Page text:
Alzheimer's Tau protein forms toxic complexes with cell membranes
The brains of patients with Alzheimer's disease contain characteristic tangles inside neurons. These tangles are formed when a protein called Tau aggregates into twisted fibrils. As a result, the neurons' transport systems disintegrate, essential nutrients can't move through, and the cells begin to die, affecting the brain's functions and giving rise to the disease's symptoms.
Given its role in the pathology of Alzheimer's disease, Tau protein has been extensively investigated. With several clinical trials of amyloid-targeting therapies failing recently, Tau has become one of the most actively pursued therapeutic targets for Alzheimer's disease. However, questions still remain about how Tau spreads in the brain and kills neurons. The cell membrane has been shown to play a role in regulating Tau's aggregation properties and physiological functions, but we still do not understand how the interplay between Tau and lipid membranes can lead to the loss of neurons seen in Alzheimer's disease.
Now, the lab of Hilal Lashuel at EPFL, in collaboration with the lab of Thomas Walz at the Rockefeller University, found that individual Tau proteins interact with and disrupt the cell membrane of neurons. This disruption gives rise to highly stable complexes made up of several Tau proteins as well as fat molecules (phospholipids) from the membrane.
Subsequent studies showed that the protein/phospholipid complexes are more readily taken up by neurons compared to the fibril form of the protein, and induce toxicity in primary neurons of the hippocampus in vitro. The hippocampus is where memory is processed, and loss of hippocampal neurons is a classic symptom of Alzheimer's disease. The complexes were detectable with an antibody (MC-1) that is used as a standard for detecting pathological conformations of Tau, meaning that they share some features of the pathological form of the protein.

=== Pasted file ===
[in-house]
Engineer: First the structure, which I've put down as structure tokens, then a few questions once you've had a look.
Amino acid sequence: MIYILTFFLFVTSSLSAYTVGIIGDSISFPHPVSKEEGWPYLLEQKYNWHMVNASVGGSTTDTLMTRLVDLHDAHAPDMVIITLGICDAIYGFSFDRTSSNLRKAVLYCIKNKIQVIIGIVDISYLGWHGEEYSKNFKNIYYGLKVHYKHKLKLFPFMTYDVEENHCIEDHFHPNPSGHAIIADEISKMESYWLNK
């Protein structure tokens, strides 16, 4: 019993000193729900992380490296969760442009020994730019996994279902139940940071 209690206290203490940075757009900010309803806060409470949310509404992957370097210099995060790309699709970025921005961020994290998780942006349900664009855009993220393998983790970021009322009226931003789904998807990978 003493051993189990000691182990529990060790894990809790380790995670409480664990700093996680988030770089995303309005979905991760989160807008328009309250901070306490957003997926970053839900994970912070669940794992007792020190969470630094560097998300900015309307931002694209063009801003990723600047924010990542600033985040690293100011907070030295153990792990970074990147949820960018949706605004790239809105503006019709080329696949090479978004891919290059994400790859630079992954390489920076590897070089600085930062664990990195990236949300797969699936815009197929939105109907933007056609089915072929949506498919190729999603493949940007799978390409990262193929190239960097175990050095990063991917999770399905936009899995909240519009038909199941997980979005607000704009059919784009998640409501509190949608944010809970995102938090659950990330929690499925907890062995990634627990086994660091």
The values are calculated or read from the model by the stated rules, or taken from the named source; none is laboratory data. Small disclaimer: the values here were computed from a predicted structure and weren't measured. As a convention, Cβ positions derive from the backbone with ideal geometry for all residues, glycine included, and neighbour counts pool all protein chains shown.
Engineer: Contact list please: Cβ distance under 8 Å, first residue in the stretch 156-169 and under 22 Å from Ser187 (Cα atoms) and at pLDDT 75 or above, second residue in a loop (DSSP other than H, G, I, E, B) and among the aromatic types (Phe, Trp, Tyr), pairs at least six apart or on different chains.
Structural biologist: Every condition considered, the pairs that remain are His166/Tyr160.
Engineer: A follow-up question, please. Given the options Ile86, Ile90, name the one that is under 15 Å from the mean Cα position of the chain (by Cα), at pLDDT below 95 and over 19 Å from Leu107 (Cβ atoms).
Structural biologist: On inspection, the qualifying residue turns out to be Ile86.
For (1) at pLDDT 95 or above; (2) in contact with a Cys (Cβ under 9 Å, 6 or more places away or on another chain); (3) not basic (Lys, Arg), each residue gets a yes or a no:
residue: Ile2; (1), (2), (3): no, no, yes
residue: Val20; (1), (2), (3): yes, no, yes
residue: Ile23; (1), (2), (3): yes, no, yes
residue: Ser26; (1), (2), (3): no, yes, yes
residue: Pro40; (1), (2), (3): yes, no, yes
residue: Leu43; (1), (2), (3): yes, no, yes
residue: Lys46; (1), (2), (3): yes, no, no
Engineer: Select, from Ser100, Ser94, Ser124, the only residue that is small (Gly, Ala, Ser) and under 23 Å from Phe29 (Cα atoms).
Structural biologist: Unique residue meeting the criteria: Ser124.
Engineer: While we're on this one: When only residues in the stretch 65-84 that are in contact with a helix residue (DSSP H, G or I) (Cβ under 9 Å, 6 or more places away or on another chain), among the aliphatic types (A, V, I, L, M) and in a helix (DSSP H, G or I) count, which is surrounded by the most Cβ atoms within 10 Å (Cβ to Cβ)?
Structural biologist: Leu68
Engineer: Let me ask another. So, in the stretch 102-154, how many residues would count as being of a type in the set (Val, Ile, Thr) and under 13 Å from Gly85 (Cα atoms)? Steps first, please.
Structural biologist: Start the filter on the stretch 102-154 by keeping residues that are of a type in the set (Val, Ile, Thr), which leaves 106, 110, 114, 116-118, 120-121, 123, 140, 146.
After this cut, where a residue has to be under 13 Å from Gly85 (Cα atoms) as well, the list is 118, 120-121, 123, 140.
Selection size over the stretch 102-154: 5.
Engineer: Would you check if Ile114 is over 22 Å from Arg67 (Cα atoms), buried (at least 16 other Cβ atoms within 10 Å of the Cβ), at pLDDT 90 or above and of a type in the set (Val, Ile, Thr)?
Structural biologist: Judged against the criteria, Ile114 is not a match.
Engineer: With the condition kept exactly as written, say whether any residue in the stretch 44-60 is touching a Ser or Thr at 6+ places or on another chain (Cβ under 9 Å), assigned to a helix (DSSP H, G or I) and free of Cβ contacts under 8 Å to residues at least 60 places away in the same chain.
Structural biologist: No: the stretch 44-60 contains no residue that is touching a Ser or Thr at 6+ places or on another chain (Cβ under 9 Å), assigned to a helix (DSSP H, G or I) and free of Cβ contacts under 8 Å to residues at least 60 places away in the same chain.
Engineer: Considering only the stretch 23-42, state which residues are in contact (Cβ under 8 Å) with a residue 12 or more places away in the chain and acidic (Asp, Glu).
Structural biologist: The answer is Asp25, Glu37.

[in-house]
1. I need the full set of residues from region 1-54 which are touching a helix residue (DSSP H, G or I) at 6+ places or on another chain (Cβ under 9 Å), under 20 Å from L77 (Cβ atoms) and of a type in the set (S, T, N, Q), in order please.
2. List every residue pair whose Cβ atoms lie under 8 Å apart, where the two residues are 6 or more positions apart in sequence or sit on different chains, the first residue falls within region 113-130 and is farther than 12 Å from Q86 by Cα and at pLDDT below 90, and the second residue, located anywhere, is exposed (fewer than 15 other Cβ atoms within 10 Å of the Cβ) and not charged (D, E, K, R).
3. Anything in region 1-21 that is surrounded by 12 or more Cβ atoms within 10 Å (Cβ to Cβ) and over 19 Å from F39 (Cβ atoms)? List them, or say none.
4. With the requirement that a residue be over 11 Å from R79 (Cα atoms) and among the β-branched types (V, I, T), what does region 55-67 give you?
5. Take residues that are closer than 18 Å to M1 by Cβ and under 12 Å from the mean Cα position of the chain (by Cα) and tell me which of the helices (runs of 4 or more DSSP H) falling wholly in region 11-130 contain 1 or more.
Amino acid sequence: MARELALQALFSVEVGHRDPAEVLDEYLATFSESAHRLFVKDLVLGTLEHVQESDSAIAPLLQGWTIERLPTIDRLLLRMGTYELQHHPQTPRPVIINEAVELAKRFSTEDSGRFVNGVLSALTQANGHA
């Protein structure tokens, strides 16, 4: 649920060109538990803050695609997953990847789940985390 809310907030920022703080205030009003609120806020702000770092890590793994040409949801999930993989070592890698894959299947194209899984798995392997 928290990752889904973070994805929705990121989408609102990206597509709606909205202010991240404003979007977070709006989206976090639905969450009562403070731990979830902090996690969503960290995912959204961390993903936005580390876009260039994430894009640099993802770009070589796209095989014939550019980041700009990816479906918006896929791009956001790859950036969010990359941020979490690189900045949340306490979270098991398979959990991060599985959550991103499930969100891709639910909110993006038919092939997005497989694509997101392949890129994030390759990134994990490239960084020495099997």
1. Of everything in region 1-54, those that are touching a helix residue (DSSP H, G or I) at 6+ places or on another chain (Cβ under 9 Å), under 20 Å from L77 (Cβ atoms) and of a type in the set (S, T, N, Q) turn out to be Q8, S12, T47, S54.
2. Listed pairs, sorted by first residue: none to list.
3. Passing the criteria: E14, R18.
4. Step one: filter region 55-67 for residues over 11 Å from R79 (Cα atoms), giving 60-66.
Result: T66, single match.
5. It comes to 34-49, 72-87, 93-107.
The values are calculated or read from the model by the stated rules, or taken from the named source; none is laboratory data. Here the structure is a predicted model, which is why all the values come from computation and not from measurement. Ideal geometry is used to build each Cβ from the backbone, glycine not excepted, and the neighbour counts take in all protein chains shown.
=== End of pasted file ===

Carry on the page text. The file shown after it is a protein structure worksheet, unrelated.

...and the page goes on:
"Our goal was to identify the sequence and structural factors that drive Tau interaction with membranes and the formation of these complexes so that we can develop strategies to interfere with their formation and block their toxicity," says Nadine Ait Bouziad, the PhD student who led the study.
In collaboration with Professor David Eliezer at Weill Cornell School of Medical Sciences in New York, the researchers used Nuclear Magnetic Resonance (NMR) to gain insight into the structure of Tau in the core of the complexes. This revealed that the cores are made up of two small peptides, each only six amino acids long. These peptides are called PHF6* and PHF6, and they play important roles in driving Tau aggregation and assembly into fibrils. Their presence connects the protein/phospholipid complexes with the development of Alzheimer's disease.
Building on their findings, the researchers were able to produce mutant Tau protein. The introduced mutations disrupted Tau's ability to interact with cell membranes, but did so without interfering with its ability to form fibrils. The idea behind this is that such mutants can be used to uncouple these two processes, which would allow researchers to investigate the effect that these membrane interactions have on the function, aggregation and toxicity of Tau in primary neuron cultures. This would be a first step in gaining a clearer picture of how Tau tangles begin to form, which would be critical if we are to develop efficient therapies to counteract their toxicity.
"Our findings point toward a novel form of Tau protein/phospholipid complexes that might be part of a membrane-dependent mechanism that regulates Tau structure, oligomerization, toxicity, and possibly its normal and aberrant trafficking between and within neurons," says Hilal Lashuel. "By developing tools that allow us to detect, disrupt and/or target these complexes, we hope to identify novel strategies to inhibit Tau aggregation, toxicity, and pathology spreading in the Alzheimer's brain."